Pregnant?: 3 Things To Consider Before Having A Dental Implant

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If you are pregnant, your body is undergoing miraculous changes to ensure that your baby receives the nutrients he or she needs to develop properly. Nevertheless, you may still have dental concerns that you would like addressed. For example, if you have a missing tooth, you may want to receive a dental implant. Here are some things to consider before having the procedure:

Are the x-rays for a dental implant safe for you and your developing baby?

Dental x-rays are necessary to verify the structural integrity of the jawbone and to ensure that an implant is placed properly. However, dental x-rays do emit radiation that could negatively affect a developing embryo or fetus if exposure is prolonged. Nevertheless, the amount of radiation in a dental x-ray is usually negligible, and your dentist may place a lead apron over your chest and abdomen as a precaution during the procedure. According to the American College of Obstetricians and Gynecologists, dental x-rays are considered safe during pregnancy.

Is lidocaine safe during pregnancy?

During the placement of a dental implant, a local anesthetic, such as lidocaine, may be used. Lidocaine is considered a Category B medication, and it does cross the placenta rapidly. Your dentist may want to restrict your exposure to the drug, so if an implant is performed, he or she will use just enough of the drug to numb the desired area. Some dentists believe that the benefit of lidocaine outweighs the fetal risk. However, your dentist may only want to use the drug if your dental procedure is considered medically necessary, such as in the case of a root canal, extraction or filling.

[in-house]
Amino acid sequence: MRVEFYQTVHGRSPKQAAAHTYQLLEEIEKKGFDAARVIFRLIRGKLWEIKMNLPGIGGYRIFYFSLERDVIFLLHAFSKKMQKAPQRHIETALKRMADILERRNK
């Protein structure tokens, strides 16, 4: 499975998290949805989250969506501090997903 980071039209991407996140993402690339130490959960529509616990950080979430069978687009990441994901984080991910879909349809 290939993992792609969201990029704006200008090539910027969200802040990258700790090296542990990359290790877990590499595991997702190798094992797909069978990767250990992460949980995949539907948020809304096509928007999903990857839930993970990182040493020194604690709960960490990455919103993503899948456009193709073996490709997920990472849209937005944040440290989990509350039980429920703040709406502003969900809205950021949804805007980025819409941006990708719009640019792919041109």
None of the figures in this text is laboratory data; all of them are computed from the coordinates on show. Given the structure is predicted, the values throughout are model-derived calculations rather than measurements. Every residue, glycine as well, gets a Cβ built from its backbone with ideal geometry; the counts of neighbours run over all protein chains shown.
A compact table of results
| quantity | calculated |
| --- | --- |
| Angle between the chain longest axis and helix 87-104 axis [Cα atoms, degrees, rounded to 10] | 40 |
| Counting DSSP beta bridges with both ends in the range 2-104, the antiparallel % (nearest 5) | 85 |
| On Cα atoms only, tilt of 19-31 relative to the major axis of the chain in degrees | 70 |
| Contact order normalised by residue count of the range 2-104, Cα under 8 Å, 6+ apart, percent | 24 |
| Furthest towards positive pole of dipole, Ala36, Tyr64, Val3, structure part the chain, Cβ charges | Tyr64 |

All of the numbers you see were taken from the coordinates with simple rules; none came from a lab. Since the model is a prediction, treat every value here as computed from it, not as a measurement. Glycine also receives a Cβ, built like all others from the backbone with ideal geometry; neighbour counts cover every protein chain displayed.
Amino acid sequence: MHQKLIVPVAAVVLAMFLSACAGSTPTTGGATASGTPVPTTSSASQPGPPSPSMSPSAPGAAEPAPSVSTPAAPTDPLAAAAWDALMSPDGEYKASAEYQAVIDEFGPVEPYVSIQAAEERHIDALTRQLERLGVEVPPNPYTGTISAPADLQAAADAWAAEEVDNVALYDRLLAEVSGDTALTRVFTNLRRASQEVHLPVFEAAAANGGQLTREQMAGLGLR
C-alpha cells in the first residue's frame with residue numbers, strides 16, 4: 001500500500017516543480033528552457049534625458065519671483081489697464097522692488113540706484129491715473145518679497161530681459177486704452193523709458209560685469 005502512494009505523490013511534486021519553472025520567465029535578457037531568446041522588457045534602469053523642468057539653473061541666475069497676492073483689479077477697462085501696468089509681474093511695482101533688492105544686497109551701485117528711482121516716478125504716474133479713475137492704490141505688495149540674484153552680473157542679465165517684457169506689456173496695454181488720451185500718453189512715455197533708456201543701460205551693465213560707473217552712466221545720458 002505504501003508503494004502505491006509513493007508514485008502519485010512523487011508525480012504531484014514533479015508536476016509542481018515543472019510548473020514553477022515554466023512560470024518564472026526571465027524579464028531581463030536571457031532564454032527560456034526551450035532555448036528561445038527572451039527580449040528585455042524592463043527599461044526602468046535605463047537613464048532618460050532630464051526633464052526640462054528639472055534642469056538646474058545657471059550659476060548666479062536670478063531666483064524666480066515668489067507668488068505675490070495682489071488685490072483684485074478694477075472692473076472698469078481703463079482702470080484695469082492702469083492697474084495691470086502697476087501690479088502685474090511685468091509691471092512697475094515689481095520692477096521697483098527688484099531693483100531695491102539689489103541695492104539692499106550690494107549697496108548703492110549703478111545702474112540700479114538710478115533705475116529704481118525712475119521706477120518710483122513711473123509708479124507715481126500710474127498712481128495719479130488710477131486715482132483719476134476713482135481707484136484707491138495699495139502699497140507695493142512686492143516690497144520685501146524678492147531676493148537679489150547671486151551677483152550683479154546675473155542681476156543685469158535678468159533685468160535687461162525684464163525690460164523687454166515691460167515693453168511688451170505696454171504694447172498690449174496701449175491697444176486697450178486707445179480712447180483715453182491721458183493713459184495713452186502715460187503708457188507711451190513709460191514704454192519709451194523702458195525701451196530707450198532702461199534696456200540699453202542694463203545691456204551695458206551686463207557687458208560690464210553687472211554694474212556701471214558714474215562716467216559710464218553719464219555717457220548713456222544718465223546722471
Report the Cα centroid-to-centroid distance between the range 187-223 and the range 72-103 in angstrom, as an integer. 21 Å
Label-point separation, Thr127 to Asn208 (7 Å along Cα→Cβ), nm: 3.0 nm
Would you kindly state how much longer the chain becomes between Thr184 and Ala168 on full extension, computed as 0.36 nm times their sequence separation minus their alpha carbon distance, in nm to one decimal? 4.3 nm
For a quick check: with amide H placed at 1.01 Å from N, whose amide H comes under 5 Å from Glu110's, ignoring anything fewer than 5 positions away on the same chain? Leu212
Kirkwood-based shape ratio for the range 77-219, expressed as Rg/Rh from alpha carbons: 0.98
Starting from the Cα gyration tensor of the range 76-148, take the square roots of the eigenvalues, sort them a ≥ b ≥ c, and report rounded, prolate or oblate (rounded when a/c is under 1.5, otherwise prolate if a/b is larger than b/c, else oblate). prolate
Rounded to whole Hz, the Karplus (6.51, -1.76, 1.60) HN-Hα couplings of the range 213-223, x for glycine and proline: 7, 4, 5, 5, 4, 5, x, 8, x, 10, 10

Is the implant procedure too invasive?

The surgical placement of a dental implant is still considered an invasive procedure, and your dental provider may not be sure how it will affect your fetus. He or she may suggest waiting until the second or third trimester to have the procedure performed, or your dentist could ask you to postpone it until after delivery. During the first trimester, your baby's organs are still developing, and the susceptibility to miscarriage is greatest. During the second and third trimesters, the fetal organs are already in place; for the most part, they are just growing in size.

If your dental health is compromised during pregnancy, it can affect your unborn child. A pregnant woman who suffers from a periodontal infection is more likely to have a premature birth, and her baby is more likely to have a low birth weight. Low birth weight is defined as weighing less than 2,500 grams. Nevertheless, postponing a dental implant may not compromise your oral health. If you are pregnant and interested in receiving a dental implant, contact your dentist today. He or she will be able to advise a surgery time that will be best for you and your unborn child. To find out more, contact a business like Family Dental Care.